State PIRGs' Higher Education Project
218 D Street SE
Washington, DC 20003
(202) 546-9707

Ivan Frishberg

Ellynne Bannon


June 4, 2002

****Student Loan Interest Rates Plummet to All-time Low:
Student Borrowers Should Consider Consolidation to Lock in Historic Low Rate and Benefits****

New student loan interest rates will save the typical borrower about $2,800 over the life of their loan, according to an analysis by the State PIRGs' Higher Education Project. The new interest rates on Federal student loans, set to change on July 1, are almost two percent lower than current rates and are the lowest in the history of the student loan program.

For many students this will be an excellent opportunity to consolidate their loans, lock in a low fixed interest rate, and save thousands of dollars over the life of their loans. Borrowers can secure the new rate by consolidating their loans from July 1, 2002, when the new rates take effect, to June 30, 2003.

Sixty-four percent (64%) of all students currently borrow to finance their college education and the average federal student loan debt has nearly doubled to $16,928 over the past eight years. As college costs rise and many students and families struggle to finance a higher education, consolidation offers important benefits that help to make college more affordable.

Last month the Bush administration backed a proposal that would have changed consolidation loan interest rates from fixed to variable, just as the rates were scheduled to drop to an all-time low. This proposal would have cost student and parent borrowers thousands of dollars. Ultimately, the Bush administration withdrew this anti-consumer proposal, due in large part to the work of the state PIRGs.

In addition to allowing borrowers to refinance their loans at better rates, consolidation may deliver other benefits depending on the borrowers' circumstances. Borrowers can eliminate the need for dealing with multiple lenders, extend their repayment period, or enroll in payment plans based on a percentage of their income. The Department of Education, through the Direct Loan Program, also offers an interest rate reduction of 0.25% to borrowers who make payments through automatic banking. Most federal loans can be consolidated either with a private lender or the Department of Education.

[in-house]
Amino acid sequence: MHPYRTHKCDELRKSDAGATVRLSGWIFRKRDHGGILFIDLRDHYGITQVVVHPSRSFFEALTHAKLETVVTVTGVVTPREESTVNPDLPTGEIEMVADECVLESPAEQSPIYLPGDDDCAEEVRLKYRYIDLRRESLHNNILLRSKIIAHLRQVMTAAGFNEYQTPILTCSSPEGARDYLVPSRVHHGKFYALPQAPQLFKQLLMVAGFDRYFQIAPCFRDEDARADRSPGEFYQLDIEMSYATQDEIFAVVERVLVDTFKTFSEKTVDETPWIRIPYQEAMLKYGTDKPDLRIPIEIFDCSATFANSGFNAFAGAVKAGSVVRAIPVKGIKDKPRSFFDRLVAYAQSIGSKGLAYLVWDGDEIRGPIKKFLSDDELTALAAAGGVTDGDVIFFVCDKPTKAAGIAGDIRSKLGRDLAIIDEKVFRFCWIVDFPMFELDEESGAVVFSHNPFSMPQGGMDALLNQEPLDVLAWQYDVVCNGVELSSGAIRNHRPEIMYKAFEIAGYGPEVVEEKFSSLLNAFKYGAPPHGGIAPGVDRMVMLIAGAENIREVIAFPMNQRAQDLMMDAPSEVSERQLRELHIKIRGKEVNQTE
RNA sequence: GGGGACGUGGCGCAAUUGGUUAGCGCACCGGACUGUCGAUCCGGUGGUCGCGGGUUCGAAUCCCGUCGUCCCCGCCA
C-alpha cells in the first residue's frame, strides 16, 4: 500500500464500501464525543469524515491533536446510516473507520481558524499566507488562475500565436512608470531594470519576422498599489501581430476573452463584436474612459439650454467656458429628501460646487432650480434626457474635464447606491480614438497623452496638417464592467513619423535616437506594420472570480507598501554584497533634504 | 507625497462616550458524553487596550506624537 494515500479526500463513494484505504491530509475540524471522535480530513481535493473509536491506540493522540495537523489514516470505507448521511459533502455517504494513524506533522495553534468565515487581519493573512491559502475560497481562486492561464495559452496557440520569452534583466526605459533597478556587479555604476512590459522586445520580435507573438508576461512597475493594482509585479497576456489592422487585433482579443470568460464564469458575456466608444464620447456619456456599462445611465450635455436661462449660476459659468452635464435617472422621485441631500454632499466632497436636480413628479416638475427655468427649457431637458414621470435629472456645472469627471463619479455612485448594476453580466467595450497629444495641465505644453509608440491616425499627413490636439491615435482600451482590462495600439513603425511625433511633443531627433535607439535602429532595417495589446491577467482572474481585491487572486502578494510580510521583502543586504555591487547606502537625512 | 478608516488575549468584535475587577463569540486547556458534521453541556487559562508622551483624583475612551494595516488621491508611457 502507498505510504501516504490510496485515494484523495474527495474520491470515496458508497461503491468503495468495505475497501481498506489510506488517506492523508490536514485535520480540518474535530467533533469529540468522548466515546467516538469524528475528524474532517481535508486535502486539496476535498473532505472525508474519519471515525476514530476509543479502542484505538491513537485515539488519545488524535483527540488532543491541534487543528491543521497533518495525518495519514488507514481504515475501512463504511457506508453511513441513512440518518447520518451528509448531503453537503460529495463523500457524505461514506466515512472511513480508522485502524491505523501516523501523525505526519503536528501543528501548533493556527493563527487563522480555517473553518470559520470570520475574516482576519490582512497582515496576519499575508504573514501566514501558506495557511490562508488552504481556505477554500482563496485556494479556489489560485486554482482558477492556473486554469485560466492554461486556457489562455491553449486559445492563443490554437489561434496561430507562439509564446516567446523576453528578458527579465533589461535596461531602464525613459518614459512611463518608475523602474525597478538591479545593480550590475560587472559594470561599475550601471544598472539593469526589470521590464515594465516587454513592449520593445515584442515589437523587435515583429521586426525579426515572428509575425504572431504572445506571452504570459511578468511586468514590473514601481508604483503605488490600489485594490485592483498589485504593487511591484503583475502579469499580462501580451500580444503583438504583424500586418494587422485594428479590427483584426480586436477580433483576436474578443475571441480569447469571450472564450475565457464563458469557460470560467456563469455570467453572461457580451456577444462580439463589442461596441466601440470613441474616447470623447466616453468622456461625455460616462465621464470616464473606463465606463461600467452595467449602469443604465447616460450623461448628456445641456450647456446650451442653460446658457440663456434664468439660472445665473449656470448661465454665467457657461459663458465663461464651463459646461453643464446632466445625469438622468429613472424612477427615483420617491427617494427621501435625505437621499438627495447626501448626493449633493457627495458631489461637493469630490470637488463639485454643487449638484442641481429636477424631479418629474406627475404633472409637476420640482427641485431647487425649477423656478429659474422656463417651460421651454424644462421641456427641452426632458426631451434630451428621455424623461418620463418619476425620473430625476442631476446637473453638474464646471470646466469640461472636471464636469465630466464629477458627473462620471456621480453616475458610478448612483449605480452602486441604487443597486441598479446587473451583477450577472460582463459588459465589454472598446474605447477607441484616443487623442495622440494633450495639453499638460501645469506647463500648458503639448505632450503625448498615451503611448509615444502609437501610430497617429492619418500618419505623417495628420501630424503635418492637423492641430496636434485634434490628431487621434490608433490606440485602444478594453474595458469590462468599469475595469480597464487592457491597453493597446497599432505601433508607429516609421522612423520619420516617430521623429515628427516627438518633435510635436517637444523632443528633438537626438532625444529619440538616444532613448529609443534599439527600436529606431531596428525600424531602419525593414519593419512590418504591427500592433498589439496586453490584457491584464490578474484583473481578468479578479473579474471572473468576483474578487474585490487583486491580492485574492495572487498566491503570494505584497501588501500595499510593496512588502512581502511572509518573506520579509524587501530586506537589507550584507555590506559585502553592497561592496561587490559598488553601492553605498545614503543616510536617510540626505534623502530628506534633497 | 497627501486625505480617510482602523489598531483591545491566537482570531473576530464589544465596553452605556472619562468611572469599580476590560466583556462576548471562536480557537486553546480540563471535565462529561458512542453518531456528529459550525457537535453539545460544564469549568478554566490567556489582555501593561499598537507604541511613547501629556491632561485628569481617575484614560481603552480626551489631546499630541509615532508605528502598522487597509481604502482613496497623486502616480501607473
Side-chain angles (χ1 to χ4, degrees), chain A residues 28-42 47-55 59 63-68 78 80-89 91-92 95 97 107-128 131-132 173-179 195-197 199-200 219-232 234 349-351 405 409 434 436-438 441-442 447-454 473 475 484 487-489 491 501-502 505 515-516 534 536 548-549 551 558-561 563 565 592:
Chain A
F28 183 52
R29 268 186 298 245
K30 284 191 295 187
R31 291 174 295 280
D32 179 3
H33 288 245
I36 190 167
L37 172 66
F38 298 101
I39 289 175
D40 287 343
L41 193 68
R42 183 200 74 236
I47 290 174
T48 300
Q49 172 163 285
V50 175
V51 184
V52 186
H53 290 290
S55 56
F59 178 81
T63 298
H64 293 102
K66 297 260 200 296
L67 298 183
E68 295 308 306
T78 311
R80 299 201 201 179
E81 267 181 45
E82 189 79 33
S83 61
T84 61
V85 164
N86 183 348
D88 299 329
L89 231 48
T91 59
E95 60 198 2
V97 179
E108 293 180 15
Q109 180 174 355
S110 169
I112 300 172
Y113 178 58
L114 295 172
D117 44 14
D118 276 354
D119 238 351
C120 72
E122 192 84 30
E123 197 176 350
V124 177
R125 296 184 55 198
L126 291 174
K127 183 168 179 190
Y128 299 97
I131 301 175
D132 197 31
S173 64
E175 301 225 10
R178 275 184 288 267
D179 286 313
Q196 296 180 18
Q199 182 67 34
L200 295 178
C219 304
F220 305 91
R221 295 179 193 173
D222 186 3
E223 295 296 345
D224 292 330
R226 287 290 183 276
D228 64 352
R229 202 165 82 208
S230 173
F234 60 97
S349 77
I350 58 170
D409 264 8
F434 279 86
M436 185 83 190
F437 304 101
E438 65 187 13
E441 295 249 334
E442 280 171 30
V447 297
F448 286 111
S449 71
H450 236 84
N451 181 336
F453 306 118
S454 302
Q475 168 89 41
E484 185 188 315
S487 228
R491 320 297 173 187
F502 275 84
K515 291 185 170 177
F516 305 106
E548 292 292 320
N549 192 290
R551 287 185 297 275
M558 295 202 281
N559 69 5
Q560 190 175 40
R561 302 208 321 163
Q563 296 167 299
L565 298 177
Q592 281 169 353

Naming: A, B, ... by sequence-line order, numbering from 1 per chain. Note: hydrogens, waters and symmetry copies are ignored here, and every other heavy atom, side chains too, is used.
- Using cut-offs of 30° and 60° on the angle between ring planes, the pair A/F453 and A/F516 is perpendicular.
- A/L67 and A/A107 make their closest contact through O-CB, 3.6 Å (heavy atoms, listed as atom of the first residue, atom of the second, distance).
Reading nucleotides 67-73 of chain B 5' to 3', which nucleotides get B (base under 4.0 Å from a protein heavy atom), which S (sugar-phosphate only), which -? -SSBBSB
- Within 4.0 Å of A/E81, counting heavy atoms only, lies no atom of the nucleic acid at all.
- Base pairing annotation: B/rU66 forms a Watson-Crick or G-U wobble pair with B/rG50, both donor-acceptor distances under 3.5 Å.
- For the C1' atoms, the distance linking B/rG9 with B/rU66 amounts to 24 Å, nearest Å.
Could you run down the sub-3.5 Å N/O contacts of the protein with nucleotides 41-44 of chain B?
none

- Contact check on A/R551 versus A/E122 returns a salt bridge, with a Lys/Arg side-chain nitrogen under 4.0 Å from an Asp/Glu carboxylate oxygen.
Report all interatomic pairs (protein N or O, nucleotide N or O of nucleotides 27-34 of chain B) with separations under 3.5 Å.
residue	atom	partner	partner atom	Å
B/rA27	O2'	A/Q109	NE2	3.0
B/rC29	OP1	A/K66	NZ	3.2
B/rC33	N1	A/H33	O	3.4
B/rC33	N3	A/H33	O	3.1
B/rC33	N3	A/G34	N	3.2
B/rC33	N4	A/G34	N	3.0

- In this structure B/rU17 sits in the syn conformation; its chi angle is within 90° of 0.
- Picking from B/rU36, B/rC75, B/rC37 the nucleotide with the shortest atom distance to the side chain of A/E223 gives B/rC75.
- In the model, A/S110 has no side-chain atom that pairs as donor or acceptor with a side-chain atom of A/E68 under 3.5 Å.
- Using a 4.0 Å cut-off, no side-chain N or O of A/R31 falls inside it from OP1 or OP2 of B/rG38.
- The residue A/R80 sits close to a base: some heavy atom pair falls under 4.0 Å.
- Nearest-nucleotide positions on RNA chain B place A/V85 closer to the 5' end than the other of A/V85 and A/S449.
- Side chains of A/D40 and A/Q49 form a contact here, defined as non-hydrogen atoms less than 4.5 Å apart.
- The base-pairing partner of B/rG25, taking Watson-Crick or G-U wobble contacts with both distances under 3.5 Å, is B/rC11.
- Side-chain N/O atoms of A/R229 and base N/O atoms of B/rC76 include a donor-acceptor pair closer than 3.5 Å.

Recent graduates should consider consolidating during their in-school or in-grace periods to lock in an even lower interest rate over the life of their loan. Students who consolidate during their grace period can lock in an interest rate of 3.525% for the life of their loans, but they will lose their grace period and need to begin paying back their loans right away. (Students are eligible to consolidate their loans while in-school and retain their grace period through the Direct Loan Program). However, for many students this could mean saving hundreds of dollars more over the life of their loan, even if they must begin paying back their debt a few months earlier.

Interest rates change from year to year, so there is no guarantee that locking in the new rate will be the best deal. But given that these will be the lowest rates in the history of the program, borrowers should consider consolidating their loans after July 1, 2002 and before the next year's rates are set. PIRG's analysis was based on an average debt of $16,928 over a ten-year pay back period with a 4.125% interest rate.

Borrowers interested in consolidating their loans with the lower interest rate formula should contact their private lender or the Department's Direct Loan Program. More information about direct loan consolidation is available from the Department of Education (1-800-557-7392, or at